Bill Manny

On Idaho Gives day, ask yourself: What does Idaho give you?

A look back at Idaho Gives 2015

Hundreds of groups across the Treasure Valley took part in Idaho Gives 2015. They hosted bike rides, giveaways, language lessons and bake sales all to inspire donors to open their wallets.
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Hundreds of groups across the Treasure Valley took part in Idaho Gives 2015. They hosted bike rides, giveaways, language lessons and bake sales all to inspire donors to open their wallets.

May 3 is Idaho Gives, the day when we’re asked to contribute to any of hundreds of Idaho nonprofits. It’s got me thinking about what Idaho gives me.

We’ve all got our own narrative, our own way of making sense of this place where we live. I heard Mayor Dave Bieter talk recently about how, for him, Boise’s artists and its creative economy give the city its authenticity. For me, it’s biking to work along a glorious riverside path, past new townhomes in Garden City and graceful parks old and new, and to my choice of coffeeshops. I’m reminded daily I live in a special place. So, on Idaho Gives day, I start with being grateful that Idaho gives me a great commute.

Idaho also gives me a community that is just the right size.

We live in a place that is still small enough to be able to get to know the people in charge, who remain (mostly) accessible and (mostly) down to earth. Yet this place is large enough to think big and be ambitious. We’re big-time enough to have one of our athletes go in the first round of the NFL draft, yet small-town enough to celebrate that as a community success.

As divided as we can be — rural vs. urban, red vs. blue, old-timer vs. newcomer – there’s still a greater sense that we’re in this together. We’re linked by a sense of common purpose as much as by our river and our Greenbelt and our public lands.

In his State of the City address on Nov. 1, 2017, Mayor David Bieter urged Boiseans, to "aim high in thought and action." He mentioned projects such as a new stadium and main library, and the need to maintain kindness toward one another.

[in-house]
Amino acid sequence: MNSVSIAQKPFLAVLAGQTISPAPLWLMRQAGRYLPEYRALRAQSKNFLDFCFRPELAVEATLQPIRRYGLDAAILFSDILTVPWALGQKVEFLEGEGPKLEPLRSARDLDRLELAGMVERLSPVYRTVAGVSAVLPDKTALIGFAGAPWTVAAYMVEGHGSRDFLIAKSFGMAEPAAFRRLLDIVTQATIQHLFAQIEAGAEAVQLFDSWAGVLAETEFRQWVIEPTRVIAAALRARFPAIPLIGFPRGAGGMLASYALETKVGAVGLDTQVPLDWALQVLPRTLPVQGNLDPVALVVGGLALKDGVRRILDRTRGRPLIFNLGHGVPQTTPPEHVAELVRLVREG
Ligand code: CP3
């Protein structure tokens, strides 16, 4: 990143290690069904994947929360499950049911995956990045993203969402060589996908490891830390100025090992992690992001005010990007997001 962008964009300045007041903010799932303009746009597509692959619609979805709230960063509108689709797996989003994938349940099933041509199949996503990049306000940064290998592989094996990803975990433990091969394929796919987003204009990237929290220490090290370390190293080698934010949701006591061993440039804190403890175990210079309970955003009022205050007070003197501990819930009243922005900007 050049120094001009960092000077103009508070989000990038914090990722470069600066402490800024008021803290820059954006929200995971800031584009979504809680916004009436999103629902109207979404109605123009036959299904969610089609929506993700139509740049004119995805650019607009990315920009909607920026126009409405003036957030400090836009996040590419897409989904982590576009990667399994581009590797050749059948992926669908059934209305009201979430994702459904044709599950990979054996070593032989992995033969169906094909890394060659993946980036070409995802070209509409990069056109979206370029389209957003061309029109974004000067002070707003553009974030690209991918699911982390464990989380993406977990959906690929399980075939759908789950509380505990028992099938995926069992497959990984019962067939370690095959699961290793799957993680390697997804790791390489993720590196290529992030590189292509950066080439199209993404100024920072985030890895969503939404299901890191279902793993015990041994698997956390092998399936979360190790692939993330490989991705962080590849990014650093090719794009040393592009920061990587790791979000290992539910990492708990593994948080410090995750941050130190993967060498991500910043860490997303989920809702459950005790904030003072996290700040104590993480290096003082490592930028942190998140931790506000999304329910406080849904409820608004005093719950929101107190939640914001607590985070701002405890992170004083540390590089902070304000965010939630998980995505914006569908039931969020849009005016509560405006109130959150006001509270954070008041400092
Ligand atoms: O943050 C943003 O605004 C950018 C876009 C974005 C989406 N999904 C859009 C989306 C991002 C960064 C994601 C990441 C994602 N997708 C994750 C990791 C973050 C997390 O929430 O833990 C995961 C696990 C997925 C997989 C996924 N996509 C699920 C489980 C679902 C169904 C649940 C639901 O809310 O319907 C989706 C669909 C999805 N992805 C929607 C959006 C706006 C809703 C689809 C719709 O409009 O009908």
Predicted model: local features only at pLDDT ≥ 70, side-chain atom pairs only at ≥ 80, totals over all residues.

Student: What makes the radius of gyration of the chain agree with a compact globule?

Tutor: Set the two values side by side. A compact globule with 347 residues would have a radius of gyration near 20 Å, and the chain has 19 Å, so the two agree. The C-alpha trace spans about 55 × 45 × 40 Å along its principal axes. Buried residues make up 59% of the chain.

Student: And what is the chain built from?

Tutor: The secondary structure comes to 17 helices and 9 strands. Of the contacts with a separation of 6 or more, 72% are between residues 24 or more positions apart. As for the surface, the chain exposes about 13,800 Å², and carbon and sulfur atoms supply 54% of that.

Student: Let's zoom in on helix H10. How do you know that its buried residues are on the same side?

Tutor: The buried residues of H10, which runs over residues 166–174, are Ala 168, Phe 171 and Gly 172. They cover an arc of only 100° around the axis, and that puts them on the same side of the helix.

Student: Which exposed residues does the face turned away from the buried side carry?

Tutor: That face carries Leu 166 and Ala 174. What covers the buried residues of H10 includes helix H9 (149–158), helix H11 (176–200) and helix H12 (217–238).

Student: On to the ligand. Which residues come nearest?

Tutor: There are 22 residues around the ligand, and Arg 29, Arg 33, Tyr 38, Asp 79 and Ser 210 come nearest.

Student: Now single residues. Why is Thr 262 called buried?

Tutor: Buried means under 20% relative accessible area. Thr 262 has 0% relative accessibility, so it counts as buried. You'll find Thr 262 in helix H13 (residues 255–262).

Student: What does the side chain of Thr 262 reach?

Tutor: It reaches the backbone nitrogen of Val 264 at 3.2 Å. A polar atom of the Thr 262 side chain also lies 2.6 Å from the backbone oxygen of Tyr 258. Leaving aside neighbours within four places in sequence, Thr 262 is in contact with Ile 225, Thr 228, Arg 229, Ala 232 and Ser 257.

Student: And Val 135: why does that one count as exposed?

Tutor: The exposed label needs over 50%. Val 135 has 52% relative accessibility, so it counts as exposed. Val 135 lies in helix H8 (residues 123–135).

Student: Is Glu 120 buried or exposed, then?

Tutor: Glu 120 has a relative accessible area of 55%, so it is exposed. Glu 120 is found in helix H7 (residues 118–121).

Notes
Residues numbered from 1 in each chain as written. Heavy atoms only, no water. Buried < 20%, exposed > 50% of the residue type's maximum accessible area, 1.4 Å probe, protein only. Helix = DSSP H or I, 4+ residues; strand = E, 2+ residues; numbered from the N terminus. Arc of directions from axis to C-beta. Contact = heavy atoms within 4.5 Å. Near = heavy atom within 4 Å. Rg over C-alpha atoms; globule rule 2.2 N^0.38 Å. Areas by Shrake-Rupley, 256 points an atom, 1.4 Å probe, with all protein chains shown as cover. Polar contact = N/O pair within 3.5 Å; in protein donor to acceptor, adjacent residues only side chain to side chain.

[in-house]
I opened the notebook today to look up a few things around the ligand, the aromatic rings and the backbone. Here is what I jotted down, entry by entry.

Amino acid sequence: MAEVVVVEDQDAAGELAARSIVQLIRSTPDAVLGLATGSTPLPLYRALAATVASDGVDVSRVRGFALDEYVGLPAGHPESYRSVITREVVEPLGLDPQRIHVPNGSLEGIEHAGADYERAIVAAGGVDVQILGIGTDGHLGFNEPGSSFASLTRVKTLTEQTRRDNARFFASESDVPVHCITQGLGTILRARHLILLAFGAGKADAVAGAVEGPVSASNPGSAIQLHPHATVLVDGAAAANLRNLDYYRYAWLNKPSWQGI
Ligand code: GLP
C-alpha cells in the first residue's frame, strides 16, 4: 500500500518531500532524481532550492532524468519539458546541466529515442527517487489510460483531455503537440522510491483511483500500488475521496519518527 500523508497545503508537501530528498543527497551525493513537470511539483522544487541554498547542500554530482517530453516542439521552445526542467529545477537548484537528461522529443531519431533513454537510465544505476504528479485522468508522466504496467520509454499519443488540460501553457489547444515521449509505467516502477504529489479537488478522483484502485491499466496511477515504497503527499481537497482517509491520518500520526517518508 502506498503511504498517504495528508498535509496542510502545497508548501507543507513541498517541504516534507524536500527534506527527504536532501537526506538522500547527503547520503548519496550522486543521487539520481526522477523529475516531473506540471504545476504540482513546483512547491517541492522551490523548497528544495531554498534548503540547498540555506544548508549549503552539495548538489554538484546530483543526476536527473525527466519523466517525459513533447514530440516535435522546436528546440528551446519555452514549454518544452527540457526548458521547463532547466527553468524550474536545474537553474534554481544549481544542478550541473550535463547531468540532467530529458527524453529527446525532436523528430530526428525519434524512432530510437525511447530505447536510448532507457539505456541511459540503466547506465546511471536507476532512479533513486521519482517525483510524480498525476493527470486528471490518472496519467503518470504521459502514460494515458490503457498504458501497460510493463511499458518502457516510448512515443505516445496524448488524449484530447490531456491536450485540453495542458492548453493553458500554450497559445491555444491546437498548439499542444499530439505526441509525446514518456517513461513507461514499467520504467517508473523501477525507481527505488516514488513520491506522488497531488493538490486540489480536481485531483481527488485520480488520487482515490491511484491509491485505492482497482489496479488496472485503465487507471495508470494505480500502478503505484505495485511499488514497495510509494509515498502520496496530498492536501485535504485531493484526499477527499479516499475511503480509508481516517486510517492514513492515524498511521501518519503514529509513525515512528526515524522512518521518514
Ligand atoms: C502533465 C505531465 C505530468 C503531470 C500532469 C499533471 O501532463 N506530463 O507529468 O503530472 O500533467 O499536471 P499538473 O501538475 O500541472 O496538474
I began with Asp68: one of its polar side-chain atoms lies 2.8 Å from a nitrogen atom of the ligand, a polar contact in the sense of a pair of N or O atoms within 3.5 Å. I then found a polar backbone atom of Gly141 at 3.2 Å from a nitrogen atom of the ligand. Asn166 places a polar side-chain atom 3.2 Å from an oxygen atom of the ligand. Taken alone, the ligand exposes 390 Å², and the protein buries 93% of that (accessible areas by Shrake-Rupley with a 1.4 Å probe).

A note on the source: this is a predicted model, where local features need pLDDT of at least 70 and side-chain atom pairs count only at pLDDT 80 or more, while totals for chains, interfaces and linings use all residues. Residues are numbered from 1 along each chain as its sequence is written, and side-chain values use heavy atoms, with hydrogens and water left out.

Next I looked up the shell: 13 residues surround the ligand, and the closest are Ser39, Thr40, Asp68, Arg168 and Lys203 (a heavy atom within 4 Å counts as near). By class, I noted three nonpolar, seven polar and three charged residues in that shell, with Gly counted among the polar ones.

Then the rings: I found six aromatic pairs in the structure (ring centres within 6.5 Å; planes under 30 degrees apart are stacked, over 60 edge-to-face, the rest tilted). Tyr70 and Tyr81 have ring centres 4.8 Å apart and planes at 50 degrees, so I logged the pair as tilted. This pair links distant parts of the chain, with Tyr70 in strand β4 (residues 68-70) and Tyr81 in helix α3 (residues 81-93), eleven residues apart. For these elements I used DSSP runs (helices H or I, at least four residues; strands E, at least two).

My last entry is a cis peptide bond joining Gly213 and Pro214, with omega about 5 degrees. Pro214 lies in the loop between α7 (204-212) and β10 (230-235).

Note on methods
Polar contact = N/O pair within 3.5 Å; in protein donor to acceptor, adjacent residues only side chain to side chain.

Idaho gives me chances to meet smart people.

I’m grateful for a university in the heart of town that is open and welcome to those of us who got our degrees years ago. In the past few months, for instance, I’ve talked to scholars like Amanda Sloat of the Brookings Institute and Lee Rainie of the Pew Research Center and Michelle CiullaLipkinof the National Association For Media Literacy Education because friends on campus knew, essentially, that these were people I should meet.

Editorial cartoonist Jack Ohman visited the Idaho Statesman and improvised drawings of Idahoan politicians Senator Mike Crapo, Senator Jim Risch and Governor Butch Otter.

Through Boise City Club, I got to interview Sacramento Bee cartoonist Jack

Ohmanand New York Times national security reporter Adam Goldman (with support from the Idaho Humanities Council and the University of Idaho, respectively) and INL Director Mark Peters.

Idaho gives me a chance to be part of thoughtful conversations.

The School of Public Service at Boise State University and the leaders of Idaho Public Television involved me in a spring conference on campus and a documentary video project that examined and celebrated civil dialogue in Idaho. That in turn introduced me to Living Room Conversations founder Joan Blades and Oregon Humanities Council Executive Director Adam Davis, who talked about his state’s Conversation Project. I’m energized by the free-ranging community conversation at the Boise City Club, Leadership Boise, Boise Young Professionals, the Idaho Humanities Council, the Boise State Honors College and many other places.